English Canadian hockey fans have a hard time admitting that anything is wrong with the NHL.
Of course, like any professional sporting league, the National Hockey League has to worry about the image of The Game in order for it to matter. Other sports, like baseball, have reeled under the weight of steroid use and struggled to adapt to it. Hockey would rather just not really check for performace-enhancing drugs. Here’s the actual wording from the NHL:
“Per the agreement, every NHL player will be subject to up to two “no-notice” tests every year, with at least one such test to be conducted on a team-wide basis. Players will be subject to “no-notice” testing at any time.”
Now, this doesn’t seem too stupid – but then you get the players’ claims that post-season drug testing is “distracting”. Just ask Canadian Grit and Heart factory Sydney Crosby, who argued against changing the wording that used to give players a guaranteed five-month window of no-testing. The gloriously-named Dick Pound (yes, actually – Dick Pound is probably my favorite thing about sports solely because of that name) is suspicious that the NHL is basically doing its drug-tests in-house. But he must be lying – 33 years in the business at the IOC just means that you’re not Canadian enough to judge players!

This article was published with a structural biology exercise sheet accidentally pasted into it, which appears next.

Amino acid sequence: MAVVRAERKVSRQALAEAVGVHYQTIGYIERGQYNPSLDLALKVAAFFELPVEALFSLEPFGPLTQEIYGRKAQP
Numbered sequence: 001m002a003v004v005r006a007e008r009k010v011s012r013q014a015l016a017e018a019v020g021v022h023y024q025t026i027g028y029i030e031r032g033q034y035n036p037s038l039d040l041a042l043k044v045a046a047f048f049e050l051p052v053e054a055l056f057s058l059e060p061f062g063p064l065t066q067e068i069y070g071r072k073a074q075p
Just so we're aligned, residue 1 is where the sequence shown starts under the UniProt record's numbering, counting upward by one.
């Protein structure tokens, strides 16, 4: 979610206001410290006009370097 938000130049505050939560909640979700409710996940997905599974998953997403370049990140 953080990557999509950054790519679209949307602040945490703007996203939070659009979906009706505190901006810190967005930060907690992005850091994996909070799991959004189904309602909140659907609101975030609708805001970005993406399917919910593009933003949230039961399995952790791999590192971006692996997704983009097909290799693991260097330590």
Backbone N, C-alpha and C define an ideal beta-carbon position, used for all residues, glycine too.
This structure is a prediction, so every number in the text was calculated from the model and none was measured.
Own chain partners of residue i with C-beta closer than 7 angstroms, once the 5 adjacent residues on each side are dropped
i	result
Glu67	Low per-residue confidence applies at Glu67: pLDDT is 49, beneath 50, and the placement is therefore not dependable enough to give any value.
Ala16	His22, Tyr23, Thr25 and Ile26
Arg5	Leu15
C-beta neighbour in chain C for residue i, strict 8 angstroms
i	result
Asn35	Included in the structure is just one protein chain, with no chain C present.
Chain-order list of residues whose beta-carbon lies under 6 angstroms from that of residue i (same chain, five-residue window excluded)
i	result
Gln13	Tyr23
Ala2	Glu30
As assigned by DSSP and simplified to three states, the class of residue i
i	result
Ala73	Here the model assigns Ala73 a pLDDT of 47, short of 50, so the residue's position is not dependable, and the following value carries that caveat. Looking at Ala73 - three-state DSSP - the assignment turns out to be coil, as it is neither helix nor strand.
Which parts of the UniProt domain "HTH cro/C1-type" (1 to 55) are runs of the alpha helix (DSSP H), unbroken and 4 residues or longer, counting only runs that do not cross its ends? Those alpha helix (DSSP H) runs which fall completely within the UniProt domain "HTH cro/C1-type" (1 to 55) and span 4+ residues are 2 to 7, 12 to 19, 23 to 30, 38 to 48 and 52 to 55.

Pound also identifies a culture of extreme secrecy in the locker room and speaks to parallels between the growing violence of professional hockey and ‘roid rage. The topic has elicited “shut up” anti-intellectual responses from the NHL’s contract hockeymans, which totally seals the question for Canadians. People whose jobs depend on their team not getting dinged for criminal behavior are probably not the best people to ask as to whether team members are in fact doing that criminal behavior. Even then, the players’ insistence that they not test during the off-season is pretty suspect, given that some PEDS can be flushed out of the body in time for the NHL pre-season. Just don’t look, guys! That always works!
To recap – Georges Laraque, a 700-game veteran, and Dick Pound, a 33-year veteran of the IOC speak in common about a pervasive problem in the NHL. Dick Pound threw the hammer down ten years ago in 2005 in speaking to this problem, and the NHL basically called him a liar then. Rather than hammering the problem out like baseball is trying to, the NHL continues to effectively say that anyone who questions the doping policy is an idiot and just “shooting their mouth off”. When a vested interest exists to maintain that drugs aren’t used in a league and a guy who is specfically trained to find people who use drugs on teams says the same thing as a veteran of the game, the obvious response is to say that both are liars and frauds trying to ruin Canada’s Game.
Grit and Heart are the only performance-enhancing drugs Canada’s hockeymans need, right?